Composer Weijun Chen creates stunning chamber piece ‘Dancer’

Elegant, beautiful, and meticulously crafted. These are the most common adjectives listeners use to describe Weijun Chen’s work. As an industry-leading Chinese classical composer, he combines unique harmonic and orchestration sensibilities to create stunning pieces of music. His musical persona has been influenced by many aspects of his interests, surroundings, and diverse upbringing. His music is not meant to represent any particular musical style, but he is able to speak for his own musical identity.

“On the one hand, I grew up listening to Chinese vernacular music of the 90s. On the other hand, I was trained rigorously in Western classical music idiom, during which I developed strong interests in Renaissance music, late 19th-century Romanticism, Impressionism, contemporary music, and multimedia. However, rather than aligning myself with a particular style, or forcefully combining different styles, I simply allow my intuition to take over, and express my multitude of influences in a genuine and organic manner,” said Chen.

Throughout his esteemed career, Chen has continuously demonstrated his superb musical capabilities to audiences all around the world. His compositions, such as Watercolors, Three Earlier Songs, and Canoe tell pointed stories through beautiful melodies that evoke untold emotions to their listeners, all while playing at prestigious music festivals and venues.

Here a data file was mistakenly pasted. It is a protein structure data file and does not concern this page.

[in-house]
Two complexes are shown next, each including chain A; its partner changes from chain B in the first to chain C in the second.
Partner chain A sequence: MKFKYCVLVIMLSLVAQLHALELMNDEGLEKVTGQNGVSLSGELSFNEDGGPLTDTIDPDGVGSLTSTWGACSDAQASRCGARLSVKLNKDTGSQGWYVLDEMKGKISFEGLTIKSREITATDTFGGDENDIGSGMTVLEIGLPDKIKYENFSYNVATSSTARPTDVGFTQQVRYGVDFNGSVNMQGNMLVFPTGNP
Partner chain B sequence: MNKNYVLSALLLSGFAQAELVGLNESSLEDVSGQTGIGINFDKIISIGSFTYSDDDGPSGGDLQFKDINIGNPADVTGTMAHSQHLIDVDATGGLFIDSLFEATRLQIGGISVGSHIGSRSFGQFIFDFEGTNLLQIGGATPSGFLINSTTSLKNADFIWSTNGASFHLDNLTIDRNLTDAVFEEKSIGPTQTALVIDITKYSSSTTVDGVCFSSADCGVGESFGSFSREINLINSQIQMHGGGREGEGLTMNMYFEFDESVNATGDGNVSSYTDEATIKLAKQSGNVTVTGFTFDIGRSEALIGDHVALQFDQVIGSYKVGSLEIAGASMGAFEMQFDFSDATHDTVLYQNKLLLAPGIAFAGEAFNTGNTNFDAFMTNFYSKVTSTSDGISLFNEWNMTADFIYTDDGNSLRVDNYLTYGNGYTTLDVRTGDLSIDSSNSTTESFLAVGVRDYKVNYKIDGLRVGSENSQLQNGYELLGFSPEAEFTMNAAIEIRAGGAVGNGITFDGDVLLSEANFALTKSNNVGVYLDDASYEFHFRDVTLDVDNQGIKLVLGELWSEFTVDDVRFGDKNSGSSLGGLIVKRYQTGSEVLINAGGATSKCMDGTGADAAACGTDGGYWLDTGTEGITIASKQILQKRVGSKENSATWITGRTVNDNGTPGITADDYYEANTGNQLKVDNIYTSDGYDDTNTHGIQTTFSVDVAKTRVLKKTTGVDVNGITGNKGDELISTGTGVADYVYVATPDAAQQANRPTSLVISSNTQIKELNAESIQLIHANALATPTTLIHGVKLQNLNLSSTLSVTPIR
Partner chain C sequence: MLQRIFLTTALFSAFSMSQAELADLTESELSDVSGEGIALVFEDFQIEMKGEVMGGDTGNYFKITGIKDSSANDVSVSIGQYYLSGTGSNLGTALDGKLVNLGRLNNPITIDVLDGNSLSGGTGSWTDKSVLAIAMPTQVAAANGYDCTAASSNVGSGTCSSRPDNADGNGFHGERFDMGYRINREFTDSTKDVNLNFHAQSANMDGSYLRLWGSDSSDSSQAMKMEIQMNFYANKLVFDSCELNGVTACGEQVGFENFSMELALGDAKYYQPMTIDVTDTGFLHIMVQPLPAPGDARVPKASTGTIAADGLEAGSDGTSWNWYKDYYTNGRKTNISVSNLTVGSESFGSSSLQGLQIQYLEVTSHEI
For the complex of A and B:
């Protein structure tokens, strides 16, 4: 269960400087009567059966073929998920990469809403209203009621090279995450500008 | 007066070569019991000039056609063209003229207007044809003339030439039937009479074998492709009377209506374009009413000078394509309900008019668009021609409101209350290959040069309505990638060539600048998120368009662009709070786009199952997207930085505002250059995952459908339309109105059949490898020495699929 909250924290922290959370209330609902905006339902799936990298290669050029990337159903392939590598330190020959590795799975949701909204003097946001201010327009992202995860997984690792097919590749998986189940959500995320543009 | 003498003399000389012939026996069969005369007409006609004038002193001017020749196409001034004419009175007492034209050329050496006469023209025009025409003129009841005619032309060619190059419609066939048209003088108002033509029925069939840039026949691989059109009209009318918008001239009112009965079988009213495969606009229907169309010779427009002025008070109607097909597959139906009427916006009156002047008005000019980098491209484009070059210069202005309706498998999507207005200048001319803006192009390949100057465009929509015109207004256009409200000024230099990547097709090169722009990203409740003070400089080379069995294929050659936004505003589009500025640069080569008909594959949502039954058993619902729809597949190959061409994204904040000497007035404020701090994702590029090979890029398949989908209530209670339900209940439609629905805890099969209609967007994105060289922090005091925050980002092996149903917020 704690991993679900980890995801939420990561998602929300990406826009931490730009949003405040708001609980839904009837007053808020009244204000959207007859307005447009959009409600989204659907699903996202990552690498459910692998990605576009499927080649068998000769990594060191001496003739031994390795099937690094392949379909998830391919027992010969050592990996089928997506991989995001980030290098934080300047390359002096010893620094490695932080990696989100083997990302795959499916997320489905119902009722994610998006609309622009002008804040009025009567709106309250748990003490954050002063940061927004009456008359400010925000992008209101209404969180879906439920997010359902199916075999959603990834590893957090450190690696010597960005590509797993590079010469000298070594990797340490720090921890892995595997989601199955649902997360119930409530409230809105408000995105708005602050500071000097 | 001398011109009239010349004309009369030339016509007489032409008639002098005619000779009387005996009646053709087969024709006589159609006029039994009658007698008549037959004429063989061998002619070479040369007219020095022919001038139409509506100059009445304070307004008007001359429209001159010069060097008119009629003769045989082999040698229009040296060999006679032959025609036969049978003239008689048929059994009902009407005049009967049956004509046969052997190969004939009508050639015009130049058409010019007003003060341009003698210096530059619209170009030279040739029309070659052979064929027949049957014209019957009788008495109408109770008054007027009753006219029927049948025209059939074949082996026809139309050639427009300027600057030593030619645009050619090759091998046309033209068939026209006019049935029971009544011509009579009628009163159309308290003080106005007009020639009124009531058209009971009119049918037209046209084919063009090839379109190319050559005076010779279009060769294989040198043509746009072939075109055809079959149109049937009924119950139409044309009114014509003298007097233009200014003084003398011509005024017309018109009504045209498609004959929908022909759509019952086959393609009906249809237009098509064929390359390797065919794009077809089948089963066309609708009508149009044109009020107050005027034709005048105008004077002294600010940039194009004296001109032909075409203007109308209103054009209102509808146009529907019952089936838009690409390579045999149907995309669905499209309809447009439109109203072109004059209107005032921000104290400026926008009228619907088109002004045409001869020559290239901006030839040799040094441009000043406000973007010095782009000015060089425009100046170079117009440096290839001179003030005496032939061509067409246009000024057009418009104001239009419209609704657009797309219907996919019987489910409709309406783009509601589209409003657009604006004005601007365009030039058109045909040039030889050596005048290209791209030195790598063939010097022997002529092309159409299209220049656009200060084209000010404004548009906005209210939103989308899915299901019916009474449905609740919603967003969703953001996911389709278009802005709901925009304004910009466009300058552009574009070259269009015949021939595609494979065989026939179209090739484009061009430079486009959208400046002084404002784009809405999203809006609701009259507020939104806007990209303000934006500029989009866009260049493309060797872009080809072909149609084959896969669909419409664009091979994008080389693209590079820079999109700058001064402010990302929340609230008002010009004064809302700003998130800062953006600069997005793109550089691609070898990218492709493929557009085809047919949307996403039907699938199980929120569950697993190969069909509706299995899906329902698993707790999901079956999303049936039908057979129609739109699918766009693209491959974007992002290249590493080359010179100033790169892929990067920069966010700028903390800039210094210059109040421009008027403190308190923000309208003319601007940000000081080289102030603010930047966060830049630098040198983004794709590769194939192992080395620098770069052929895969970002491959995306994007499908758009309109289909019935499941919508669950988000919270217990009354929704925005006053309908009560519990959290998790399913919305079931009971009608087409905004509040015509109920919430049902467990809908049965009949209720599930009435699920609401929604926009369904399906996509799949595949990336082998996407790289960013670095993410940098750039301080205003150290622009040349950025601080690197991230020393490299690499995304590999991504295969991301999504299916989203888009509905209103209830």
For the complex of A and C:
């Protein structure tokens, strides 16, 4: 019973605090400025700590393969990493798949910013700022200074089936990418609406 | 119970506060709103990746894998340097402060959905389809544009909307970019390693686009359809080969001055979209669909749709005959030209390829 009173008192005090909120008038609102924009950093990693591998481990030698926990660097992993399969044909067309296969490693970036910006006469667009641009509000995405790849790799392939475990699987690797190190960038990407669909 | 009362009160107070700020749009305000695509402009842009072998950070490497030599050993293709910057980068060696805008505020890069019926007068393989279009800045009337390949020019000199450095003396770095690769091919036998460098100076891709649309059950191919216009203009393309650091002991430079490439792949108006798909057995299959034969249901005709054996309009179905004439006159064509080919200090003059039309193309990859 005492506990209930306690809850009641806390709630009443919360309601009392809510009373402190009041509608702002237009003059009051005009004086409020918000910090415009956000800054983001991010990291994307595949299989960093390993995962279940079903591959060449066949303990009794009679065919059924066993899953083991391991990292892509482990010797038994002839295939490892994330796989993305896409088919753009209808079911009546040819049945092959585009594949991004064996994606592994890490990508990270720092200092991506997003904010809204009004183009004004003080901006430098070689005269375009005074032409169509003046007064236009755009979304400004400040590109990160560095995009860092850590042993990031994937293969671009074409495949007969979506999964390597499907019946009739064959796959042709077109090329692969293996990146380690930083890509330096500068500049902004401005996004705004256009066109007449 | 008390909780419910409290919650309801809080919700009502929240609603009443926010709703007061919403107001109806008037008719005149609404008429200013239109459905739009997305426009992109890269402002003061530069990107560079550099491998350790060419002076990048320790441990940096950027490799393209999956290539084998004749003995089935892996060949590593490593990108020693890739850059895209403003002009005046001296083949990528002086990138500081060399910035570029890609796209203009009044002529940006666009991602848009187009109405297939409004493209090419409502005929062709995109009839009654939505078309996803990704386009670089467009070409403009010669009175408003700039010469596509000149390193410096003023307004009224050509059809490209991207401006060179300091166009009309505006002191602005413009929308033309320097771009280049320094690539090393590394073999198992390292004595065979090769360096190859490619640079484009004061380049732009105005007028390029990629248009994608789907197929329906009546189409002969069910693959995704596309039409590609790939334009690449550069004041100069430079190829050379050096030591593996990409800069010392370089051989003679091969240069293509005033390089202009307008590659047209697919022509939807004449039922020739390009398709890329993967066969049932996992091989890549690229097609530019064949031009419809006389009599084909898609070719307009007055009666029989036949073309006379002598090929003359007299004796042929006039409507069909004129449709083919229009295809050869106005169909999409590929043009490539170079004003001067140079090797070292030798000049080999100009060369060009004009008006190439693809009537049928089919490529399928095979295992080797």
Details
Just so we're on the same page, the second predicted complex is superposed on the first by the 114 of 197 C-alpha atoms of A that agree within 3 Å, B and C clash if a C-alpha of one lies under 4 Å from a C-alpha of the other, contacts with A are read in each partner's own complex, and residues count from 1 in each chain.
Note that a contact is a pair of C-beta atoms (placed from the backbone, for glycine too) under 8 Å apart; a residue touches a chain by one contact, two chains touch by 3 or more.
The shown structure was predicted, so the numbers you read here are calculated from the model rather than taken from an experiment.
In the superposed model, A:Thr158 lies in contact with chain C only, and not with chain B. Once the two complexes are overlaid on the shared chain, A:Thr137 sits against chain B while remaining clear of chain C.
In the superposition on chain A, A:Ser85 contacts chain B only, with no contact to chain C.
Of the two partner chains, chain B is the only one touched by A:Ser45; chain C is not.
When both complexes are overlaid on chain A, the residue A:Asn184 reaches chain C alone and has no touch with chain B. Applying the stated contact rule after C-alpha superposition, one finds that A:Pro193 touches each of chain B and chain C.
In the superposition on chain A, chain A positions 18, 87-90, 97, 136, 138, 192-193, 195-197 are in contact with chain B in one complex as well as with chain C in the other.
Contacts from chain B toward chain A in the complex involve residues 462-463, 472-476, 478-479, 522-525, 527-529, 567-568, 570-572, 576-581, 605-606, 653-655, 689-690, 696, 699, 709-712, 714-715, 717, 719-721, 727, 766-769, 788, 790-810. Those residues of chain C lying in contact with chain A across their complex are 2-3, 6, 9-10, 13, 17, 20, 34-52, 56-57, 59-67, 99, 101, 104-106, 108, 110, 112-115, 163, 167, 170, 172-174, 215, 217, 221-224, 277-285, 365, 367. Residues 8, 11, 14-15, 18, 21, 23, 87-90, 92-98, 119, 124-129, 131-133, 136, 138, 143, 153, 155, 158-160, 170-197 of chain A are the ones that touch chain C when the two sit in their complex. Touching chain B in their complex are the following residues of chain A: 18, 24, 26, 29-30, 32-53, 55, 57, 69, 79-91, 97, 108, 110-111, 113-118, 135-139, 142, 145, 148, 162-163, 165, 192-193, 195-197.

One such music festival was the 2016 MATA Festival of New Music. MATA is one of the most renowned new music festivals in the world, taking place annually in New York City. Chen was chosen out of 1,156 submissions that year for the chamber version of his piece Dancer. The artist director of MATA was Du Yun at the time, a Pulitzer-Prize winner. The piece was performed by Ensemble Linea, a leading new music ensemble based in France, conducted by Jean-Philippe Wurtz. The performance took place at the National Sawdust in Brooklyn, NY. Chen received a positive review from MusicalAmerica after the premiere. It then went on to the 2016 “June in Buffalo” Festival and was performed by Ensemble Dal Niente, a leading new music group based in Chicago, conducted by Michael Lewanski and the 2018 University of South Florida New-Music Festival & Symposium, performed by the USF New Music Consortium, conducted by Matthew Kennedy.

Dancer is a difficult piece to write and even more difficult to play for the ensemble, as the detailed rhythmic notations and complex harmonic sonorities require both individual virtuosic playing as well as a high level of ensemble work. I definitely breathed a sigh of relief after the successful premiere and was grateful for Maestro JP and the musicians of Ensemble Linea,” said Chen. “It was an honor to be featured at the MATA Festival and to meet their artistic director, Du Yun. Surrounded by more than a dozen of the world’s most talented young composers and hearing everyone’s music was both humbling and eye-opening. Each one of us showcases a strong, original, and unique musical voice, that collectively shows a diverse and vibrant contemporary music scene today.”